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Cardboard Amp?

Discussion in 'Amps [BG]' started by basshoundx, Feb 25, 2014.


  1. basshoundx

    basshoundx

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    I recently started building my first bass, and in the spirit of building it all my self, I was going to be building a small 20w transistor amp to go with it. I had an idea of using the box from my Xbox One as the housing, as opposed to building a box out of plywood. How good wood cardboard be as amp? I'm not looking to perform gigs with the thing, just practice, but would the cardboard make be a bad idea?
     
  2. Selta

    Selta

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    I'd be pretty surprised if it didn't fail under the weight of the speaker, assuming you could find one that even physically fit. Outside of that, there's only probably 50 or 70 more issues with it that I can think of - even for "just" a practice amp.
     
  3. mrbell321

    mrbell321

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    One of the things a speaker box does is isolate the front of the speaker cone from the back. This is important to avoid destructive interference on low frequencies. Cardboard would provide some isolation, but I imagine not very much. It would just flex and transmit the signal pretty unimpeded.
     
  4. Fat Steve

    Fat Steve The poodle bites, the poodle chews it.

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    Perhaps if you used the foam from inside the box as some sort of frame, with the box providing the veneer cover? Sounds like that may work a little better.
     
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  6. basshoundx

    basshoundx

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    So what if I made a frame that went inside the box and used some foam inside to absorb vibrations, just using the box, as you said, a veneer? I figured I would have to add some type of supporting structure, I have the things to do so, I just wanted to use the box, since the box looks pretty sweet.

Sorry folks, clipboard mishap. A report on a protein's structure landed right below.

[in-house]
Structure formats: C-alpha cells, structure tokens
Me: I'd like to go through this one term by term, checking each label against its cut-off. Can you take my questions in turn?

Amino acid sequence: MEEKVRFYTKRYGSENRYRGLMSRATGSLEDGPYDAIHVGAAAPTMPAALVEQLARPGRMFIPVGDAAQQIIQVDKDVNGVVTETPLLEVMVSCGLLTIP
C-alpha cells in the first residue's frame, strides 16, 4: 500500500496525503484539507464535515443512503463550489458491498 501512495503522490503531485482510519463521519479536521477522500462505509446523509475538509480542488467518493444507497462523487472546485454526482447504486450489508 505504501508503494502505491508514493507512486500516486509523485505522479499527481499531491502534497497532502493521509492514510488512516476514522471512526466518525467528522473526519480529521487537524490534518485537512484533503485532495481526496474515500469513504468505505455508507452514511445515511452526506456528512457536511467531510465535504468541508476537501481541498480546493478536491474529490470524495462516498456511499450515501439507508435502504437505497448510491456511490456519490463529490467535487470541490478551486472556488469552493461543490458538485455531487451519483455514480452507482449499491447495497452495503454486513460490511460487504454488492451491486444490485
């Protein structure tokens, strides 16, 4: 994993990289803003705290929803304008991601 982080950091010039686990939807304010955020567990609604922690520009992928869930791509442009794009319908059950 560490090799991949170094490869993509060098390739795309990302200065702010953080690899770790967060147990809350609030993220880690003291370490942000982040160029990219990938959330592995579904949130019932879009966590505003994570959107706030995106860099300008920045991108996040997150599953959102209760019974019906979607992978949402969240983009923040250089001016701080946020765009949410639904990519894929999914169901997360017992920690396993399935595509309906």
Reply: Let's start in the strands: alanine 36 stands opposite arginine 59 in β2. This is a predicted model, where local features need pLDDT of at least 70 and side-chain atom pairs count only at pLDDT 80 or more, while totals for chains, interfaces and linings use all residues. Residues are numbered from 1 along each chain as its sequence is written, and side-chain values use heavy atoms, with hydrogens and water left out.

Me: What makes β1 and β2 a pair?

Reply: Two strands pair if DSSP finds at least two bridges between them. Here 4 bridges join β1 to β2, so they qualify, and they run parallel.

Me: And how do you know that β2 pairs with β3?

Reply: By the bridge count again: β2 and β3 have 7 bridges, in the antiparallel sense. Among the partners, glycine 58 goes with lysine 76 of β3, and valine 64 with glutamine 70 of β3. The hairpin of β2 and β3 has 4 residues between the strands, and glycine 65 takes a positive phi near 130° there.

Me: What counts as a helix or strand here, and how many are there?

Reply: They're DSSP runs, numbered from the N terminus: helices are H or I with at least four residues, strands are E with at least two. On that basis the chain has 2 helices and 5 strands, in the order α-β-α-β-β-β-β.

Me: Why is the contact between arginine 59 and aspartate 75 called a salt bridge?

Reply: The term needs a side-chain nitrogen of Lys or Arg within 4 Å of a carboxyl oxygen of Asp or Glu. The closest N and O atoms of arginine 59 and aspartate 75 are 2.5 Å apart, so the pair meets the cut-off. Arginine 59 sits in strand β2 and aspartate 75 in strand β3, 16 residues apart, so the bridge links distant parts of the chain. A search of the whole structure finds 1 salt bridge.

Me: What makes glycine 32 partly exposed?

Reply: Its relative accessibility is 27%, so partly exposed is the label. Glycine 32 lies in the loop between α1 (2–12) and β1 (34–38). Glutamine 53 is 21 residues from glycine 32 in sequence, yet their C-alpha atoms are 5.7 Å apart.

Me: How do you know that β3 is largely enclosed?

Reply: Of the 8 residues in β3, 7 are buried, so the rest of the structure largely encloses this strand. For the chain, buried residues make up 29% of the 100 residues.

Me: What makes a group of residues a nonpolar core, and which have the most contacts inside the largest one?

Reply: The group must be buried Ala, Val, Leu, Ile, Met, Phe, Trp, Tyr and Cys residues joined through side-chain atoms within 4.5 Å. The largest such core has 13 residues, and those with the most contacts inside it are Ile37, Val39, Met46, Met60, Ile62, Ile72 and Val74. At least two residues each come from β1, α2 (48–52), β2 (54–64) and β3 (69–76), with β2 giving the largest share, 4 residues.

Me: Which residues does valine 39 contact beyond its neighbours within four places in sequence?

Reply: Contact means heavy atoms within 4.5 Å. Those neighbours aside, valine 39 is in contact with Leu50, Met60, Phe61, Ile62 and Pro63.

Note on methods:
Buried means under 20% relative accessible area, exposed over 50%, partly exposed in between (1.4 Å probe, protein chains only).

7. Technicality

    Technicality

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    When I build a cabinet, one of the first things I did when the driver came through the post was to hook it up to an amp. With it just sitting there on the floor the driver sounded thin and weak and incredibly disappointing. It wasn't until I clamped it to a table that it started sounding fat and bassy. This makes sense when you think about it as in order for it to push the cone forward to make sound, the frame has to push back on whatever it is connected to. You want the energy to go into moving the cone, not the frame.

    As a result of this mucking around I think attaching the driver to absolutely anything rigid would get you a way better sound than something flexible like cardboard regardless of if its box shaped or not. A box shape is definitely a big plus though.
     

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